Council establishes Hawaiian Language Communications Specialist

The Maui County Council approved the appointment of a Hawaiian Language Communications Specialist on Aug. 5, providing ‘ōlelo Hawaiʻi as a medium in the council’s public-information efforts. 

Council Vice-Chair Keani N.W. Rawlins-Fernandez initiated the position in the Office of Council Services and a similar position in the executive branch’s Department of Management. The effort was made to ensure ‘ōlelo Hawaiʻi has a regular presence in local government as one of the state’s official languages. Rawlins-Fernandez said Maui County is the first county in the state to appoint a communications specialist whose routine responsibilities include Hawaiian translation of some official documents.

“So much of our culture will not be able to be practiced if the resources are not there—if the streams do not run, there will be no ʻoʻopu or hīhīwai,” said Rawlins-Fernandez in a press release announcement. “The muliwai will not have limu to teach the next generation how to properly identify, harvest, prepare and enjoy the limu that was once everywhere.”

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Kamehameha Schools Maui alumna Riann “Nālani” Fujihara started as the council’s Hawaiian Language Communications Specialist on Aug. 8. Fujihara, who graduated from the University of Hawaiʻi at Mānoa with a bachelor’s degree in Hawaiian Language, leads the Office of Council Services’ efforts to share legislative information with public and will translate selected documents upon councilmembers’ requests.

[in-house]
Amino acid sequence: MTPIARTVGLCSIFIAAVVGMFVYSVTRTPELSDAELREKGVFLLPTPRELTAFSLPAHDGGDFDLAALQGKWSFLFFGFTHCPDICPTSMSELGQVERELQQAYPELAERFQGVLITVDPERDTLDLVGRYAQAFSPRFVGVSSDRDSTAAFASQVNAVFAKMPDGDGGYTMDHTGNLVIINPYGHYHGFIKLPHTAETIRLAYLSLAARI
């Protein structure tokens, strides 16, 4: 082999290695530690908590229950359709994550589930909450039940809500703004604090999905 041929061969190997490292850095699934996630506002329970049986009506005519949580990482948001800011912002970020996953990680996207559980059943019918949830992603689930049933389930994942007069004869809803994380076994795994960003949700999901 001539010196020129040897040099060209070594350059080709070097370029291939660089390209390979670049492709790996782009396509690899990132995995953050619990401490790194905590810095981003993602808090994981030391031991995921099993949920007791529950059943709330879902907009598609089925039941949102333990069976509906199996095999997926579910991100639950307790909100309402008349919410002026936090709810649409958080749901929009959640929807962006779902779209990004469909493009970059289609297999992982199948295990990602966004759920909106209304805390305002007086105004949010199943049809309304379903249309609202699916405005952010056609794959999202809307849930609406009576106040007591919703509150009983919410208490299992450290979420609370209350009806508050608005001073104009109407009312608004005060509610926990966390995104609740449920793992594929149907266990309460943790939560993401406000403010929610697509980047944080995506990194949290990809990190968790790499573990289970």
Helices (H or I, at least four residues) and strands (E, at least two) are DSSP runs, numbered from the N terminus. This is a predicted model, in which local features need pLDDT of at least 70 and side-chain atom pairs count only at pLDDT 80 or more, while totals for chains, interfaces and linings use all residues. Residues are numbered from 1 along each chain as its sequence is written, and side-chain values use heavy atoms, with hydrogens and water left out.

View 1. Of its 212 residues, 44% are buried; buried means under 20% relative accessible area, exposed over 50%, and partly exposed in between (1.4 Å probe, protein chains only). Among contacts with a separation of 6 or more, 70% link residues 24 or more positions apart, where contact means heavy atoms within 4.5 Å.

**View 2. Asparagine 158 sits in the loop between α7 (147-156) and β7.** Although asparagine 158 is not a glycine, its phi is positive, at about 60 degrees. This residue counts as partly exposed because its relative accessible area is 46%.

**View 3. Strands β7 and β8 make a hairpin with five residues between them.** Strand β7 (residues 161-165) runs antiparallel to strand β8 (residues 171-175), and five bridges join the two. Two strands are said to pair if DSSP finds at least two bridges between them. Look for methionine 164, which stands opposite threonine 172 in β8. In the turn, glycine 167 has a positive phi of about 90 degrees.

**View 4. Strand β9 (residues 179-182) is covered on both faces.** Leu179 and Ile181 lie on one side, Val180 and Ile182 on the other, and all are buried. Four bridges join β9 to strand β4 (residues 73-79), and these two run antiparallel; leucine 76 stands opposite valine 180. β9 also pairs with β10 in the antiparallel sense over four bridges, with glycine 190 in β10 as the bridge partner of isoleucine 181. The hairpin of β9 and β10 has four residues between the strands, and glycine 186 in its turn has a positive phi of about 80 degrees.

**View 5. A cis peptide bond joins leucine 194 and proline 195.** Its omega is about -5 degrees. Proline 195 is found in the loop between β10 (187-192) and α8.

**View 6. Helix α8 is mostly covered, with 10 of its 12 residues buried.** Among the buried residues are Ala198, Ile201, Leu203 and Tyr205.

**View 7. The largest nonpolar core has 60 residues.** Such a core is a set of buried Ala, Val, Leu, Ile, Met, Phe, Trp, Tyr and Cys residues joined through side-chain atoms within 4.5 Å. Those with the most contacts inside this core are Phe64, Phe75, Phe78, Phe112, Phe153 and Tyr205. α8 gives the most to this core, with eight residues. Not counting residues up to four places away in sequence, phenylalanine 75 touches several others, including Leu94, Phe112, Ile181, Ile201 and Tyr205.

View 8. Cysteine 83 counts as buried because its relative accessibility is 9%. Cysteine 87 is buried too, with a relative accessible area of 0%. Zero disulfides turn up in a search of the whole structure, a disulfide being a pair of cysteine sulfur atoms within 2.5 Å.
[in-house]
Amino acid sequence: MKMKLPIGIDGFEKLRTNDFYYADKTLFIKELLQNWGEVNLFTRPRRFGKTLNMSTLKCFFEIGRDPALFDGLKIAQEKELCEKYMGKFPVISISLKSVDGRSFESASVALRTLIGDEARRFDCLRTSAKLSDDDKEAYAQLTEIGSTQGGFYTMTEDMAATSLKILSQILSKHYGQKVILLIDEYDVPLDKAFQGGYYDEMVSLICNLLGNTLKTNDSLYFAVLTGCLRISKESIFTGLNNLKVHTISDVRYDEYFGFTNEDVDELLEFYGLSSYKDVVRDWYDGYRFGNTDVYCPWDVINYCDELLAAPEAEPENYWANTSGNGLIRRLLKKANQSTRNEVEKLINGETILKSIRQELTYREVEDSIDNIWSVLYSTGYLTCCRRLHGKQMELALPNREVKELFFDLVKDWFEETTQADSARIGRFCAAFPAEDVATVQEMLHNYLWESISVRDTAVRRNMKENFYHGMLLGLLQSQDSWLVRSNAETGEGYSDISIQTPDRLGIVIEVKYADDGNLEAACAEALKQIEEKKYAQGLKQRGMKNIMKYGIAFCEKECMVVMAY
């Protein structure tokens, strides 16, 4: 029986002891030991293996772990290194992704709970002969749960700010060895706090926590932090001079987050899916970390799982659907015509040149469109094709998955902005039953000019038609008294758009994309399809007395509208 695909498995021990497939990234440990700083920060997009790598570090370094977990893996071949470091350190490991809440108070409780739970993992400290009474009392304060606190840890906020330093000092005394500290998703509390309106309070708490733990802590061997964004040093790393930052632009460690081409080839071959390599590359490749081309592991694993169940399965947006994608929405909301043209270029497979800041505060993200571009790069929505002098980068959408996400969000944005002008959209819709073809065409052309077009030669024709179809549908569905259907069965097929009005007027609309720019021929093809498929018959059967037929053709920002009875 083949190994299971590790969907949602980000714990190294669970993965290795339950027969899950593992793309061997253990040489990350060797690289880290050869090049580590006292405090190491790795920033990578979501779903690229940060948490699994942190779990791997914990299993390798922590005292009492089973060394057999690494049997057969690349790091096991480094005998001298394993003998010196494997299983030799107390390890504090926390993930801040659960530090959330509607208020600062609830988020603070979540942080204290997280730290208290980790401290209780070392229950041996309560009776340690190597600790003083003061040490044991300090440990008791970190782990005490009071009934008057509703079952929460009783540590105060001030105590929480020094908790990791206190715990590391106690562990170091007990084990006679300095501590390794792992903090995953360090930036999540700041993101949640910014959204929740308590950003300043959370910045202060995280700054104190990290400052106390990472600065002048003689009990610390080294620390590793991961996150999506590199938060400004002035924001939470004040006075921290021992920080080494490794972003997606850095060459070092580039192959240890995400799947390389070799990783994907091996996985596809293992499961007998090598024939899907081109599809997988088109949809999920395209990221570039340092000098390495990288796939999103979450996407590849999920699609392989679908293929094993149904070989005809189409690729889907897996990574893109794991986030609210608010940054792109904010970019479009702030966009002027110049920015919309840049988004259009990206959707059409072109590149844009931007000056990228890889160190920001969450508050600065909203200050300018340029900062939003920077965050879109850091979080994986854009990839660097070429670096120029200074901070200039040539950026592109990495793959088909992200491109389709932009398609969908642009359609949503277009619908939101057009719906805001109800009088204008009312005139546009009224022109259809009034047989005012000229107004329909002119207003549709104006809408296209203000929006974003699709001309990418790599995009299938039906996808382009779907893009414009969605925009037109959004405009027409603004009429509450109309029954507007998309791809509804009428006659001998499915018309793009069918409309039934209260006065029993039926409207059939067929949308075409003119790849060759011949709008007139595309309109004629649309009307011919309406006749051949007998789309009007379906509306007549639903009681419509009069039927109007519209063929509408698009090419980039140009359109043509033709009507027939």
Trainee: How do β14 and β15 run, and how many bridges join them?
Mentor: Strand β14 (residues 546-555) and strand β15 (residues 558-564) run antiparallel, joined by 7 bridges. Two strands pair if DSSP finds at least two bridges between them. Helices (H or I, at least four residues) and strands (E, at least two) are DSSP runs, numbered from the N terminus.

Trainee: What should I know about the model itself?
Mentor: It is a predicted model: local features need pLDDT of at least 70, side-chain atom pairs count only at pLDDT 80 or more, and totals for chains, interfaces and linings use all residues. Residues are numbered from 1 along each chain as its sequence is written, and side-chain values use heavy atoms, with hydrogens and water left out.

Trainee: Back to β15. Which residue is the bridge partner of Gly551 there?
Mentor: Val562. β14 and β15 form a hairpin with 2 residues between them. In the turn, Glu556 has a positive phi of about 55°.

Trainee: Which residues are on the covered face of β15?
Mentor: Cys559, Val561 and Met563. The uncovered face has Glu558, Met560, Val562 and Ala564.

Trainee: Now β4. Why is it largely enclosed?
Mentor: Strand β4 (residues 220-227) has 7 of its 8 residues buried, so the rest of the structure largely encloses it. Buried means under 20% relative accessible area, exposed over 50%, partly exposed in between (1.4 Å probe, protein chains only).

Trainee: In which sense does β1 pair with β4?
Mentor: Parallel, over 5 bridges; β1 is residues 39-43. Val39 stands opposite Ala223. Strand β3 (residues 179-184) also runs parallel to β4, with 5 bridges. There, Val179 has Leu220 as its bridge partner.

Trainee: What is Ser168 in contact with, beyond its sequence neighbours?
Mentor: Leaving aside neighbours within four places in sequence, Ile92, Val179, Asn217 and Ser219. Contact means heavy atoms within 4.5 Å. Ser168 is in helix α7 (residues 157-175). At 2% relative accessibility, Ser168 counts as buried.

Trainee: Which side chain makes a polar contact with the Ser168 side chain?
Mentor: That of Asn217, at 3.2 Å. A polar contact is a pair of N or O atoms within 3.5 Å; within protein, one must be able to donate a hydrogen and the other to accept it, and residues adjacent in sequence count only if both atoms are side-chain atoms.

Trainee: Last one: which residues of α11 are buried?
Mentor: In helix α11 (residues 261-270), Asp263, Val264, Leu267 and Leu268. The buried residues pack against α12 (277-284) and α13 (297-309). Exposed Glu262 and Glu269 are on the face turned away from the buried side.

“It is invaluable to have advocates for ʻōlelo Hawaiʻi and moʻomeheu Hawaiʻi in spaces where people are making important decisions for our community,” Fujihara said. “I’m grateful because this position opens the door to produce more public documents written in Hawaiian and create more Hawaiʻi-centered learning environments within Maui County and elsewhere.”

ʻŌlelo Hawaiʻi has been an official language of Hawaiʻi since 1978, when the updated state constitution validated all public records that were or will be written in Hawaiian.

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The council collaborated with Kumu Hula Cody Pueo Pata to issue their first press release in ʻōlelo Hawaiʻi on Aug. 11. The release by Councilmember Tamara Paltin, was titled “He hālāwai pūnaewele no nā aloha ʻāina.”

Rawlins-Fernandez said that there will be additional collaborative efforts, among Maui County government officials and others across state, to create a Hawaiian vocabulary for technical English terms on governmental affairs. 

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